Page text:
In a first anywhere in the world, a court in the Netherlands recently stopped a digital identification scheme for reasons of exclusion
Impact of the move
This has a context for similar artificial intelligence systems worldwide, especially at a time when identity, citizenship and privacy are pertinent questions in India.
Why did the court rule against it?
- The Dutch district court ruled against an identification mechanism called SyRI (System Risk Indicator), because of data privacy and human rights concerns.
- While The Hague district court found using new technology to control fraud was acceptable, it held that SyRI was too invasive and violative of the privacy guarantees given by European Human Rights Law as well as the EU’s General Data Protection Regulation.
- The court found that opaque algorithmic decision-making puts citizens at a disadvantage to challenge the resulting risk scores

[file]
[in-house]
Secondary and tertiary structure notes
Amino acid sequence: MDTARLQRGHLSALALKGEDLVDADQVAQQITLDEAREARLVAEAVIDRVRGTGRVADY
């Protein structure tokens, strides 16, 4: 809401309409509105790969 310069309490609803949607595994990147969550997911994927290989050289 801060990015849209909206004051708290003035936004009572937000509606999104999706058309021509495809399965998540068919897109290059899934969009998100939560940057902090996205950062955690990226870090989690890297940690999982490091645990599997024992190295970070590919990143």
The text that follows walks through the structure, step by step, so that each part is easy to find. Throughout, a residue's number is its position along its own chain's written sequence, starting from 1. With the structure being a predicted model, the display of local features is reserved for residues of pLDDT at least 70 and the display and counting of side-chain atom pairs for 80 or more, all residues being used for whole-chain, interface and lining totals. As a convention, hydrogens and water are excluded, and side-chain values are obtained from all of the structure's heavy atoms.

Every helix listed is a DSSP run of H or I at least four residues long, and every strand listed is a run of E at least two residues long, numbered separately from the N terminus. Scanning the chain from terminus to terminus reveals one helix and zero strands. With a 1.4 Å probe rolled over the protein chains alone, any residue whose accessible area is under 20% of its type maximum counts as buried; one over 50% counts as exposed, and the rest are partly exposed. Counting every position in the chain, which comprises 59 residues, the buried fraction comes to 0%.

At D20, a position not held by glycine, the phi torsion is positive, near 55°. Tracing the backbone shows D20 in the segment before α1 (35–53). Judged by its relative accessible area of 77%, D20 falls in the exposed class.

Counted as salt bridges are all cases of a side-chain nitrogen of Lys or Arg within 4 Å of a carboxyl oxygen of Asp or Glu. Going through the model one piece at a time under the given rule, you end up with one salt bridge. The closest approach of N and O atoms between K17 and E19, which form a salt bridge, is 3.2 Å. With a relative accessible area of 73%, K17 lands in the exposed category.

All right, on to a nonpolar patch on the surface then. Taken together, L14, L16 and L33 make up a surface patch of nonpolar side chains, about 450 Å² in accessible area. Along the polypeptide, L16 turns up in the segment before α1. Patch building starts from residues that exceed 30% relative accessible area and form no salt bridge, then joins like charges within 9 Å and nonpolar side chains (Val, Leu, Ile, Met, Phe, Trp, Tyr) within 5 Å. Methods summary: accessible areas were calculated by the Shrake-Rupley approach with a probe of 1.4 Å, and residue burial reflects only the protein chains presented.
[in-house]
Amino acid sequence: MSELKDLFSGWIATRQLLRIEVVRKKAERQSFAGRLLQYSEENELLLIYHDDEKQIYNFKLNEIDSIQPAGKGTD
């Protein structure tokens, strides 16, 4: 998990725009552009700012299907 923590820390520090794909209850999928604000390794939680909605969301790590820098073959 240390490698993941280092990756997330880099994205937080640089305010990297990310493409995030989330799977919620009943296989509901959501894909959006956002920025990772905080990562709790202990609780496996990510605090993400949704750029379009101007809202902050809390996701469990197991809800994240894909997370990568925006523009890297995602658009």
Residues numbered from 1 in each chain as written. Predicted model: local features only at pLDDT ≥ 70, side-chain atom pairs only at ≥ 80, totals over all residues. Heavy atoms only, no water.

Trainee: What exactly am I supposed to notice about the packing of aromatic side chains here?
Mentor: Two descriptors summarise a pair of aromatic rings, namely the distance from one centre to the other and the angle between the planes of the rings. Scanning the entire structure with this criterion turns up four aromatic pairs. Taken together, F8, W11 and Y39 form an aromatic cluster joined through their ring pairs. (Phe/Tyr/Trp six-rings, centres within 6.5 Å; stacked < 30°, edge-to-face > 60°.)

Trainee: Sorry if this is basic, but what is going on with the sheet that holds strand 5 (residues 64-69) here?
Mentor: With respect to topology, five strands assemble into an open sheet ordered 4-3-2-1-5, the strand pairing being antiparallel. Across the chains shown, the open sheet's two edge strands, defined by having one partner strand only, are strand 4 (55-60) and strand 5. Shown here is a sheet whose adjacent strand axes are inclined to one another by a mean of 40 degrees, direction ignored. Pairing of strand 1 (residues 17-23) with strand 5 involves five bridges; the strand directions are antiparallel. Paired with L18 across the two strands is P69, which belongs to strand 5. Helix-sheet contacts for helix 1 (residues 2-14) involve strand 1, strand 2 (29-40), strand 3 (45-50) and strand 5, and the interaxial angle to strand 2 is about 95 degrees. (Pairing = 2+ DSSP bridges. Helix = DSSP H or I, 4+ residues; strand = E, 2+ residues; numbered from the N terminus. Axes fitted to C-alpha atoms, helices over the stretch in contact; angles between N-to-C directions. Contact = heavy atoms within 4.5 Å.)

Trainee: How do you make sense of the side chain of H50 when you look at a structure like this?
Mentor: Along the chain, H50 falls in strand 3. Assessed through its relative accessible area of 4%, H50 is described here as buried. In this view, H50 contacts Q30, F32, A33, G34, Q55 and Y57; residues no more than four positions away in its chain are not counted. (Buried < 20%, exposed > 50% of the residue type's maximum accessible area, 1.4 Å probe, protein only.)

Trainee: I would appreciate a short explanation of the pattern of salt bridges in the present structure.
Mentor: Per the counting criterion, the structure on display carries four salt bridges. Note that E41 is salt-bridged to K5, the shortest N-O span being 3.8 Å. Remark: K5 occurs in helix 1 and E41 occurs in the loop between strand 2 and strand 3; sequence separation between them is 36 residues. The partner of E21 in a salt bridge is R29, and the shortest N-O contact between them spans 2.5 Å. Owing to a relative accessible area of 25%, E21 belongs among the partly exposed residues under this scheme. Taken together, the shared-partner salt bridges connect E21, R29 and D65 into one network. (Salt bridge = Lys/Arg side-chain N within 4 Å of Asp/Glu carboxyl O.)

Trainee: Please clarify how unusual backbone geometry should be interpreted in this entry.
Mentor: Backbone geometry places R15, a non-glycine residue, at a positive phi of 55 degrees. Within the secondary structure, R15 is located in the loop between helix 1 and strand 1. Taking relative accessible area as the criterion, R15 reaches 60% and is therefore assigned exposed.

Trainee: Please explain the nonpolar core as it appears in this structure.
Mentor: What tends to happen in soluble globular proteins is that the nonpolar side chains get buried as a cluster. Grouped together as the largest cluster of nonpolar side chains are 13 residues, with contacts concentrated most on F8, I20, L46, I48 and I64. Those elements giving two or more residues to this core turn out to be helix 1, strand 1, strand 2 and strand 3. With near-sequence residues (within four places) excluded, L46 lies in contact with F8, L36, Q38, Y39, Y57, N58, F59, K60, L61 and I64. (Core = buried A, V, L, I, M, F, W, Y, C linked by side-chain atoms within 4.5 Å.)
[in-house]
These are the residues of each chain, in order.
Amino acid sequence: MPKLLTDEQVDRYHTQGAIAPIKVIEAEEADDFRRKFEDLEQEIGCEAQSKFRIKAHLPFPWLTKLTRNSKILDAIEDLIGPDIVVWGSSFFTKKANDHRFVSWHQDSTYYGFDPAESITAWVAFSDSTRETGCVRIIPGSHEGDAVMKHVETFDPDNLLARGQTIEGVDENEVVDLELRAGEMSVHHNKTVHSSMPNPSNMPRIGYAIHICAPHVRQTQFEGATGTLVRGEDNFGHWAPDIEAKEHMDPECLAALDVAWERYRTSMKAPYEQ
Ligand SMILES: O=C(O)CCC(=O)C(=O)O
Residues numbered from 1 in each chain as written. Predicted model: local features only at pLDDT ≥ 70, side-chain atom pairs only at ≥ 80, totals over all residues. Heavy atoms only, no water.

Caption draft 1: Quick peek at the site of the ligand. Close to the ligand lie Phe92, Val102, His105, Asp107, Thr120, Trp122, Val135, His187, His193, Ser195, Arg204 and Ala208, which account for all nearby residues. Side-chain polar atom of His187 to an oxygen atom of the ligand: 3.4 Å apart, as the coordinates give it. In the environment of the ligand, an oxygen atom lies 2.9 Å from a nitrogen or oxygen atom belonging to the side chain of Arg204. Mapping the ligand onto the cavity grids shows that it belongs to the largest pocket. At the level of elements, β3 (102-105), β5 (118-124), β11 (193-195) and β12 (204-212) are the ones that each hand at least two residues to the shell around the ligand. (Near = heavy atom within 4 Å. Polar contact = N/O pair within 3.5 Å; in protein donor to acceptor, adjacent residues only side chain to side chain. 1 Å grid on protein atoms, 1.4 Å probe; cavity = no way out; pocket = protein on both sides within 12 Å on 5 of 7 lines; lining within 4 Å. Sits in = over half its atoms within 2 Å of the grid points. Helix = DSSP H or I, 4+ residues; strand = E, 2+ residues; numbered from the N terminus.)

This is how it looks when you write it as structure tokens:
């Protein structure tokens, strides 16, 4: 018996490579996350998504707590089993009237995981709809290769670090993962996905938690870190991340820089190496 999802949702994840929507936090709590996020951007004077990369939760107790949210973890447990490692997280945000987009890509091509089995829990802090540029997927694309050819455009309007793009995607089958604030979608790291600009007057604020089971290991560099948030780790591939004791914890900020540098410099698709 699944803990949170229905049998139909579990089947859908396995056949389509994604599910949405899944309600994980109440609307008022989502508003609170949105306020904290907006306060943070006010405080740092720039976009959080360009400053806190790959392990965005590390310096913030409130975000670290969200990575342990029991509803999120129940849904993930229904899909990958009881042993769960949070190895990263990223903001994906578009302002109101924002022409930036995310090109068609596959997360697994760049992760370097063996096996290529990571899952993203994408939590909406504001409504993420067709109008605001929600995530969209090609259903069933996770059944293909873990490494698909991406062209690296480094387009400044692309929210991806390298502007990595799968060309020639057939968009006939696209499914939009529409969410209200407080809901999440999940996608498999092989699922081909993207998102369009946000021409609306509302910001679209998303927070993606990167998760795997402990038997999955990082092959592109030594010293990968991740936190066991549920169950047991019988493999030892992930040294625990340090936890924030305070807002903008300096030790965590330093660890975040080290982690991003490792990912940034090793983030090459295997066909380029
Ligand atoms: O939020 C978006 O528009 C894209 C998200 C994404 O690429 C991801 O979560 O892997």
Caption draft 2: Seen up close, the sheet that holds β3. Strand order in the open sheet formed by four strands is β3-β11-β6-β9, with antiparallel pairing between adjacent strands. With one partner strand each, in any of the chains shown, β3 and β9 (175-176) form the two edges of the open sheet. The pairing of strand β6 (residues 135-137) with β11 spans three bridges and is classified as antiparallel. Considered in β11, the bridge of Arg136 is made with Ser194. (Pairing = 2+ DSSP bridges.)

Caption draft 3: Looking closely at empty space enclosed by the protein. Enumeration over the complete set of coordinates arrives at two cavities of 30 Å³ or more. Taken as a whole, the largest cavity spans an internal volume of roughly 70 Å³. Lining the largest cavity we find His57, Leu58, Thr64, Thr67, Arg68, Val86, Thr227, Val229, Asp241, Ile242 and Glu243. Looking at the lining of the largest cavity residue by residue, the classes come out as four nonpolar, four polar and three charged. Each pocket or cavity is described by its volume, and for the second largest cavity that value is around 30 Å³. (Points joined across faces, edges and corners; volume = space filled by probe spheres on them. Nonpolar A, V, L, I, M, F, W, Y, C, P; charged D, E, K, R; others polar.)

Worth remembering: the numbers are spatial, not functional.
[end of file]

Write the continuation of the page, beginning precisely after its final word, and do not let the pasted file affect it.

About the digital identification scheme-SyRI(System Risk Indicator)
- The Dutch Ministry of Social Affairs developed SyRI in 2014 to weed out those who are most likely to commit fraud and receive government benefits.
- A Dutch law allowed government agencies to share 17 categories of data about welfare recipients such as taxes, land registries, employment records, and vehicle registrations with a private company.
- The tool is armed with big data analytics and uses individuals’ private data on consumption and other significant activities to rank them and create risk profiles that authorities can use in the detection of fraud.
- For instance, SyRI allegedly helped Dutch authorities spy on people in poor neighborhoods only based on algorithmic evidence and no other proof.